LDI THEORY note:
basically, the goal of LDI treatment is to find a dose that is big enough to signal the immune system to calm down but small enough to not cause a huge inflammatory reaction. finding the right dose can take a few cycles... it is not unusual to have big flares when first starting. once the appropriate dose is found, there can still be flares in symptoms for the 7 days following each dose. as treatment continues, the patient should begin to experience a gradual lessening of symptoms and flares between each 7 week cycle of treatment.
he had his first strep LDI dose in april 2015.
he had no discernible response - good or bad - in any of his symptoms.
he was given the LDI dose for lyme the following week.
unfortunately, even the baby dose caused a huge flare.
(you can read details about that at The Pretty Pill Protocol)
this sucked and caused us concern but it was not entirely unexpected. altho' the duration of his flare - 6 weeks - caught everyone off guard. but there were so many variables impacting his health, that it was really difficult to know whether the LDI was the full cause of the flare or just a contributing factor. his medical team felt that it was important to keep him on it.
so we decided to stick it out and give it another try with an even smaller dose.
7 weeks later, he was given his next dose.
he did not have as big a flare and seemed to do a bit better for a few weeks following that one.
after his third dose, he had a flare and his body never seemed to right itself after that. his symptoms continued to be all over the map all the time and there was a slow but steady decline.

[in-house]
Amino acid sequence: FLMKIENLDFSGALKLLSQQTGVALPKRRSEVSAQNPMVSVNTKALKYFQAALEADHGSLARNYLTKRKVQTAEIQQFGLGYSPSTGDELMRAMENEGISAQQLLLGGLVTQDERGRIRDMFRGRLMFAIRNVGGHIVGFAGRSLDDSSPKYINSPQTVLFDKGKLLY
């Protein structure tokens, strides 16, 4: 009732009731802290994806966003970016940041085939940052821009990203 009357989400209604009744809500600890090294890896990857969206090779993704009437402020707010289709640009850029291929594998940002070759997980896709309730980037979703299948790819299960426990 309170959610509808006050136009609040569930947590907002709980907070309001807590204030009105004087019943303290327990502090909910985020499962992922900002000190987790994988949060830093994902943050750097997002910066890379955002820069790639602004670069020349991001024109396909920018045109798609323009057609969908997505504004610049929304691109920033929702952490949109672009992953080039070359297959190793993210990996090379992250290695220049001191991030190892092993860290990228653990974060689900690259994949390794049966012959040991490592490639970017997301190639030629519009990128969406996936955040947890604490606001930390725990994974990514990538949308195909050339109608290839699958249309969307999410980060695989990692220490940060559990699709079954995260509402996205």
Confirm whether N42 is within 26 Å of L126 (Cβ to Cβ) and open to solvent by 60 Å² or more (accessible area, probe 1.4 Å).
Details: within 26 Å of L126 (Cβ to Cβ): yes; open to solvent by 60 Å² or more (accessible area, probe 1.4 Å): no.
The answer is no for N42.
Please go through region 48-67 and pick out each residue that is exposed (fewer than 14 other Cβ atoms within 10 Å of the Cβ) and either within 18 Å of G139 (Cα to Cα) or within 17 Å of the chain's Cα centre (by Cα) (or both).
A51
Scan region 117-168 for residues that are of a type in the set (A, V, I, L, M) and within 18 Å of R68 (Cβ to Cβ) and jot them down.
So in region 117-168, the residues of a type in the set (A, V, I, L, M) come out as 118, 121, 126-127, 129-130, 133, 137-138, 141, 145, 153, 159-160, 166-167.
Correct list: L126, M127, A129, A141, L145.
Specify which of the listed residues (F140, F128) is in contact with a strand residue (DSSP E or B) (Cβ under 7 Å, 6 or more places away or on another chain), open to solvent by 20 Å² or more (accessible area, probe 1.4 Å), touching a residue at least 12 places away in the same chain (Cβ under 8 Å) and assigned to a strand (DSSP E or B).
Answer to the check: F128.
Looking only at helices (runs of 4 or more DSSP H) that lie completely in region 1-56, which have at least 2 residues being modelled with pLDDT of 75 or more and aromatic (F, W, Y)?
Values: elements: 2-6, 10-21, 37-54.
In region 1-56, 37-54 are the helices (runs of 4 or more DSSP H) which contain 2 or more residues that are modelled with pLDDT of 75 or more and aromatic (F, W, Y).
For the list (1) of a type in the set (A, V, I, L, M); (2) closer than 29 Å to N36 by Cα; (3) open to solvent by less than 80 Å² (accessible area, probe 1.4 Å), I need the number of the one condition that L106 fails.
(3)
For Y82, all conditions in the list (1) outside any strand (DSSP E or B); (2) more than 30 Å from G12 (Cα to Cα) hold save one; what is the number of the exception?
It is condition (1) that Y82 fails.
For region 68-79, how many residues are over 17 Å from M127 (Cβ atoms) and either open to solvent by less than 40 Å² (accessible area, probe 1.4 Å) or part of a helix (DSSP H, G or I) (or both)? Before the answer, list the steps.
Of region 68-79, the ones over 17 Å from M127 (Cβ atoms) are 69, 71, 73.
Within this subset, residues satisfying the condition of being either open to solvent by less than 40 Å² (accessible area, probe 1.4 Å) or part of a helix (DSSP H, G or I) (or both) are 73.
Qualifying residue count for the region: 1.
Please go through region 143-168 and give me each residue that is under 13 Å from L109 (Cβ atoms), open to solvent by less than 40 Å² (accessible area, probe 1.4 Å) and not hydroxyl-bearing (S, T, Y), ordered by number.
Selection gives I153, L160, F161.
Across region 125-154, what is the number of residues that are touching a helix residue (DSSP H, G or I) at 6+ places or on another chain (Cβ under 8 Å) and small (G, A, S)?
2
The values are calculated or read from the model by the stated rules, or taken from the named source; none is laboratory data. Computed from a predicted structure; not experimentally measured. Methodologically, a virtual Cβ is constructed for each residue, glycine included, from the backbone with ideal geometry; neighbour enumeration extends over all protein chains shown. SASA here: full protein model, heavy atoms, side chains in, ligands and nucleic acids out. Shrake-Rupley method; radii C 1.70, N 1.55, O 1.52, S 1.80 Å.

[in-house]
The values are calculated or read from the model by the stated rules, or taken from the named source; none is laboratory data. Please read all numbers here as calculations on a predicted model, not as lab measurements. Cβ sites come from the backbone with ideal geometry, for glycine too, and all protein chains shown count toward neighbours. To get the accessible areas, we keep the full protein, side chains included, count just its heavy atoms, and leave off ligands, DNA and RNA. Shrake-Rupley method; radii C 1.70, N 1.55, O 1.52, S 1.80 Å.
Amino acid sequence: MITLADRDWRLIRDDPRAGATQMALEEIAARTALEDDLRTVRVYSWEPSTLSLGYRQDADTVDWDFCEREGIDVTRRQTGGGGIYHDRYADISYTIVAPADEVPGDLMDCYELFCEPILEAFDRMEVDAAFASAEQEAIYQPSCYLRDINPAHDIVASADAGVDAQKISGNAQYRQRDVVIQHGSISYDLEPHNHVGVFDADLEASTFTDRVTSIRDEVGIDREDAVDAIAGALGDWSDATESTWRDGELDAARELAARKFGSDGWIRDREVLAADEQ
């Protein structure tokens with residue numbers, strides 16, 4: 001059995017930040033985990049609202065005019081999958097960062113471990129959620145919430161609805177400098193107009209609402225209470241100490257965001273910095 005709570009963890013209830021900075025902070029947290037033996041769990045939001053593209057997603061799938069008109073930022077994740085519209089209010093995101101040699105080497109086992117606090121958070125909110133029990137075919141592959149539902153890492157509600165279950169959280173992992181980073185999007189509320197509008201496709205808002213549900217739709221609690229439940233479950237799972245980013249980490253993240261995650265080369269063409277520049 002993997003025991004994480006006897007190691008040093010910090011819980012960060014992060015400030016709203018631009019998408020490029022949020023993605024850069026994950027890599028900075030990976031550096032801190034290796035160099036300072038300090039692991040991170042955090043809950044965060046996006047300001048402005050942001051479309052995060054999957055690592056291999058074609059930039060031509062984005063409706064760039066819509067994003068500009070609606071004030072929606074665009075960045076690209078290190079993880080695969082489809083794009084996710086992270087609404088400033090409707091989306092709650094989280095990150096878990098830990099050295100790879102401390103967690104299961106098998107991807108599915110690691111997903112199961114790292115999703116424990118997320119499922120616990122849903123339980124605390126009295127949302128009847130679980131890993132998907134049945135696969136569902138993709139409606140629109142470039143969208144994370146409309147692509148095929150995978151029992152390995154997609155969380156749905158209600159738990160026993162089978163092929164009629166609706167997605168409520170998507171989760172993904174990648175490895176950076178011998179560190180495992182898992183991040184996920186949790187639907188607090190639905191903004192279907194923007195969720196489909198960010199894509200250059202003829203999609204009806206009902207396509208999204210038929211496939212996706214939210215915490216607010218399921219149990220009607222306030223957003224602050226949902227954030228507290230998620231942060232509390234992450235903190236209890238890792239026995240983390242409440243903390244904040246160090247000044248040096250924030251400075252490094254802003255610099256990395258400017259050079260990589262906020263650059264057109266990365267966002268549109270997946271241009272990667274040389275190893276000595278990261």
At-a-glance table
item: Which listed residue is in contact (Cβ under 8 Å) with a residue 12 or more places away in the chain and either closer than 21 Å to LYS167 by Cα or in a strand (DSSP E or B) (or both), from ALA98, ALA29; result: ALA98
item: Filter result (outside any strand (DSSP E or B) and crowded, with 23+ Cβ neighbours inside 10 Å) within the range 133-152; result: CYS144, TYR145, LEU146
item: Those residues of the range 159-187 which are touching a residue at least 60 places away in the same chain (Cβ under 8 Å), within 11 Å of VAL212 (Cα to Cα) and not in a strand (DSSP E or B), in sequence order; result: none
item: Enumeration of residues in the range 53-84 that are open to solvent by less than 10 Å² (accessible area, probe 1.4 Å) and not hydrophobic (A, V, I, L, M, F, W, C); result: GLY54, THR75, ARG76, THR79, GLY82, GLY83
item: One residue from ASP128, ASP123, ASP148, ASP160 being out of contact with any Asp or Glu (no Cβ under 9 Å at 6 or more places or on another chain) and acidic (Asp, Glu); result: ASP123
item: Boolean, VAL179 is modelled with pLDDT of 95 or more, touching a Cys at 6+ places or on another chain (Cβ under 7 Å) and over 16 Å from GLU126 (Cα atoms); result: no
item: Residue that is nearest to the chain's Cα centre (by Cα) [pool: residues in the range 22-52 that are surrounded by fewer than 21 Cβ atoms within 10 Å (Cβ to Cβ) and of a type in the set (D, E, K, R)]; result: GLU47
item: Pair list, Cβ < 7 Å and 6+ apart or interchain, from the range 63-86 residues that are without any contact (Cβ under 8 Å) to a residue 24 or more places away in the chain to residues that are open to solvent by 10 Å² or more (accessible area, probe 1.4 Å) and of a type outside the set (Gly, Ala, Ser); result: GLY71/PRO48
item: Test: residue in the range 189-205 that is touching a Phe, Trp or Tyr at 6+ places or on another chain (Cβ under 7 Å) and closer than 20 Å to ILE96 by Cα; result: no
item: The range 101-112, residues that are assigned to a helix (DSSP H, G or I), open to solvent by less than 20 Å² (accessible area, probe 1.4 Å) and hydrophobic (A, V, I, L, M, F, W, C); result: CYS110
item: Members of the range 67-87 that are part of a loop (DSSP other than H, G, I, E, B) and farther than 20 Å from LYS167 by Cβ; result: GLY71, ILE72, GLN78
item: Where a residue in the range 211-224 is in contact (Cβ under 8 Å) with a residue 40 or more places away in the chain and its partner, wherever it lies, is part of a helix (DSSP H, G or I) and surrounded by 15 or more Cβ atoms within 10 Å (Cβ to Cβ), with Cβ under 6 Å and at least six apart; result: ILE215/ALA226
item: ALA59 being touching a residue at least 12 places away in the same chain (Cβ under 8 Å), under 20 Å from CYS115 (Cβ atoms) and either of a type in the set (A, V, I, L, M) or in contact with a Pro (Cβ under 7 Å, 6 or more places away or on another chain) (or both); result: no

all in all, he had 3 doses of LDI for lyme and strep. which is 21 weeks in total.
his fourth dose was due during the first week that he was going to be in treatment in kansas. we debated whether or not to bring it and continue it or not. LDI is in pre-loaded syringes and it needs to be kept cold. bringing it with us meant we'd have to travel with a loaded syringe on ice. with 2 days of INTERNATIONAL travel -border crossing, a 5 hour drive plus 2 flights - ahead of us we knew it could potentially complicate our travelling. trust me, crazy stuff happens when we travel! if you've been a blog reader for a while then you will know that we NEVER FLY UNDER THE RADAR (remember Sandeep and The Security Breach?) our trip to kansas was NO different. even without the syringe on board, there was airport drama this time around!
while waiting for our connecting flight to witchita from chicago, imagine my surprise when i looked down at my boarding pass and discovered i was flying as a man! OKAY...AND NO ONE QUESTIONED THAT? there's a hit to the ego.
but wait that was no biggie compared to what happened on our return flight. that story is worthy of it's own post - it's one of those 'only that would happen to shannon' ones.
back to the reasons for leaving the LDI behind - when we made the trip to kansas we felt like we were embarking on a whole new methodology of treating sparky. we wanted to fully embrace the new. given that we had not really seen any benefit from the LDI and he was steadily declining, we opted to let it go.
i guess the rest is history as they say...
we went to kansas and that didn't work out so well. (read about that at hope is what we crave.) we're still piecing the puzzle that is sparky together - and working towards next treatment steps. we have several upcoming doctor's appointments and that fourth dose of LDI is still sitting in our fridge. i don't think he is in any condition to re-start it right now but i'm not opposed to re-assessing it for him further down the road.
if you made it all the way to the bottom of this dry drivel, thank you for reading! i don't know that it this review will be of much benefit but i hope some one finds it helpful!
PS i am about half-way thru writing about my own experience with LDI/LDA. it's a more positive one.